Why template by return value is forbidden?

Discussion in 'C++' started by PLM, Aug 10, 2005.

  1. PLM

    PLM Guest

    Hello, all.
    I should lke to declare template function as following:

    template <class TYPE>
    TYPE Test() {return (TYPE)5; }

    void main(void) {
    int i; float f;
    i = Func();
    f = Func();
    }

    What is wrong with this?
    What I receive from gcc is :

    main.cpp:28: no matching function for call to `Func()'


    Thanks ahead
    Leon
     
    PLM, Aug 10, 2005
    #1
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  2. PLM

    msalters Guest

    PLM schreef:

    > Hello, all.
    > I should lke to declare template function as following:
    >
    > template <class TYPE>
    > TYPE Func() {return (TYPE)5; } // c/p error fixed - MSA
    >
    > void main(void) {
    > int i; float f;
    > i = Func();
    > f = Func();
    > }
    >
    > What is wrong with this?
    > What I receive from gcc is :
    >
    > main.cpp:28: no matching function for call to `Func()'


    The definition is completely legal. However, you must specify
    TYPE. You simply cannot deduce TYPE from the =, because the overload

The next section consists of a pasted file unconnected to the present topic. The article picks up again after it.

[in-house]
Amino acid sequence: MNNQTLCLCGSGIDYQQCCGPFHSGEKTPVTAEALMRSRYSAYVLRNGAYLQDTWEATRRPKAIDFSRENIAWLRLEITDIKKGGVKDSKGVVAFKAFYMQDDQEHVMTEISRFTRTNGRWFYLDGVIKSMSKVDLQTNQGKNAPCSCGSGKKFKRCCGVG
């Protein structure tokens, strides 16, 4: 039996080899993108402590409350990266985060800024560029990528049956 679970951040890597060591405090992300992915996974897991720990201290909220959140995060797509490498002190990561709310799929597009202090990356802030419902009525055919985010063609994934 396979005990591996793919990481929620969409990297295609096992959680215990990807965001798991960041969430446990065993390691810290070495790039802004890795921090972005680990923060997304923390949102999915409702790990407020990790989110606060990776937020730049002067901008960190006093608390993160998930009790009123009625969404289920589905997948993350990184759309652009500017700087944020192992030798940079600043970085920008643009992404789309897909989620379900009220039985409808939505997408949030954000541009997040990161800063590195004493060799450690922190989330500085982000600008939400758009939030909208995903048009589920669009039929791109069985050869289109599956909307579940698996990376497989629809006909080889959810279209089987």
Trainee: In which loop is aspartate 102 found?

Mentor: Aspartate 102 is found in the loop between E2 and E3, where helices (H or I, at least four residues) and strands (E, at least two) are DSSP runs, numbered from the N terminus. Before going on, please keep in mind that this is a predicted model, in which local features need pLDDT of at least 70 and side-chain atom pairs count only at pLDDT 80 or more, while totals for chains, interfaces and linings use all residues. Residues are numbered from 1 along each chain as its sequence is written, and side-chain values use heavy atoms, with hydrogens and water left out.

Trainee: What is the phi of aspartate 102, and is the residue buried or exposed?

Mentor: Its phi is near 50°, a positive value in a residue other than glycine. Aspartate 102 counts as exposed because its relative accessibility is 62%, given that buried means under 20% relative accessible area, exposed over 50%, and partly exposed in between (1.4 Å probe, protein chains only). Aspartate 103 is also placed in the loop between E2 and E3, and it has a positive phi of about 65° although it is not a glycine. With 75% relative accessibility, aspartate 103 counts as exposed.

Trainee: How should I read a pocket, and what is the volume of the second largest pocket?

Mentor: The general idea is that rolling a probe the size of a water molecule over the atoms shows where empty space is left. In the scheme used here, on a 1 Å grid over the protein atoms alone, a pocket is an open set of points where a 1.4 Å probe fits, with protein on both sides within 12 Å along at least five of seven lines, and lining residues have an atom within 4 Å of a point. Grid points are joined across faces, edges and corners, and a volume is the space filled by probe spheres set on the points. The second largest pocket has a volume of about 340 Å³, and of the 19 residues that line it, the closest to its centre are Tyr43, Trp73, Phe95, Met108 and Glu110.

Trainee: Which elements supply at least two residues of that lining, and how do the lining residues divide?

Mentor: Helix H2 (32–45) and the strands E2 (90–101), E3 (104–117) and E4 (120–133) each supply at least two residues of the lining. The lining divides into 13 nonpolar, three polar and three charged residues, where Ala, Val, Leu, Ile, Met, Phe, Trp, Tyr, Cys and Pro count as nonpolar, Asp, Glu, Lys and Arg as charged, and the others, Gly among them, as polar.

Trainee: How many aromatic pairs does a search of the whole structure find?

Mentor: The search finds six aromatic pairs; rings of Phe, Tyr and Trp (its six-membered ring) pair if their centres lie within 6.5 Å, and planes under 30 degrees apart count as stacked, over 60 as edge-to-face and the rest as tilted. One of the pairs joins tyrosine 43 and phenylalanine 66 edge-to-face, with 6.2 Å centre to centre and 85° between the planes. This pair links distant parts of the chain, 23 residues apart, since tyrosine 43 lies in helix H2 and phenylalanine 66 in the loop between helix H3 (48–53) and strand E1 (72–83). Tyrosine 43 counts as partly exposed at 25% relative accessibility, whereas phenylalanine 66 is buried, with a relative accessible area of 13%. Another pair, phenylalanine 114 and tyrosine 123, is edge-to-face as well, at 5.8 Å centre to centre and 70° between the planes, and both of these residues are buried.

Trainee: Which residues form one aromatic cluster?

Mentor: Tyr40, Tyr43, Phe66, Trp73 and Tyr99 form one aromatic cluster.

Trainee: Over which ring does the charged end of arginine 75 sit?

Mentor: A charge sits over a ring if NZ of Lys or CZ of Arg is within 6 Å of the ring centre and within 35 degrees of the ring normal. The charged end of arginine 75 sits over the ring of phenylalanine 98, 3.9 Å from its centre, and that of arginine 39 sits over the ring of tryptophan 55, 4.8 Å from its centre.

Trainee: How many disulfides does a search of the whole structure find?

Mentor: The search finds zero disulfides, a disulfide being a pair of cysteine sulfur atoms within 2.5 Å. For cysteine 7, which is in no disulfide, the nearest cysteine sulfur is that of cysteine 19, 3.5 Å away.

of operator= is selected based on TYPE. C++ resolves these things
    from the bottom up. One has to choose a direction when breaking
    such logical cycles.

    So, write i = Func<int>(); or
    template <class TYPE>
    void Func( TYPE& t ) { t = 5; }
    Func( i );

    HTH,
    Michiel Salters
     
    msalters, Aug 10, 2005
    #2
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  3. Hi,

    of course, I suppose that you meant to call Test(), since Func() is not
    declared.

    Template matching is based on function overloading matching.

    Function overloading doesn't work for return types, but only for
    parameter's types.

    You have to specify the template specialization like this:

    i = Func<int>();

    Ciao,
    Mario Fratelli.
     
    Mario Fratelli, Aug 10, 2005
    #3
  4. PLM

    PLM Guest

    msalters wrote:

    >
    > PLM schreef:
    >
    >> Hello, all.
    >> I should lke to declare template function as following:
    >>
    >> template <class TYPE>
    >> TYPE Func() {return (TYPE)5; } // c/p error fixed - MSA
    >>
    >> void main(void) {
    >> int i; float f;
    >> i = Func();
    >> f = Func();
    >> }
    >>
    >> What is wrong with this?
    >> What I receive from gcc is :
    >>
    >> main.cpp:28: no matching function for call to `Func()'

    >
    > The definition is completely legal. However, you must specify
    > TYPE. You simply cannot deduce TYPE from the =, because the overload
    > of operator= is selected based on TYPE. C++ resolves these things
    > from the bottom up. One has to choose a direction when breaking
    > such logical cycles.
    >
    > So, write i = Func<int>(); or
    > template <class TYPE>
    > void Func( TYPE& t ) { t = 5; }
    > Func( i );
    >
    > HTH,
    > Michiel Salters

    Thank you for reply.
    Yes, I understand that i = Func<int>() will work, but this is exactly I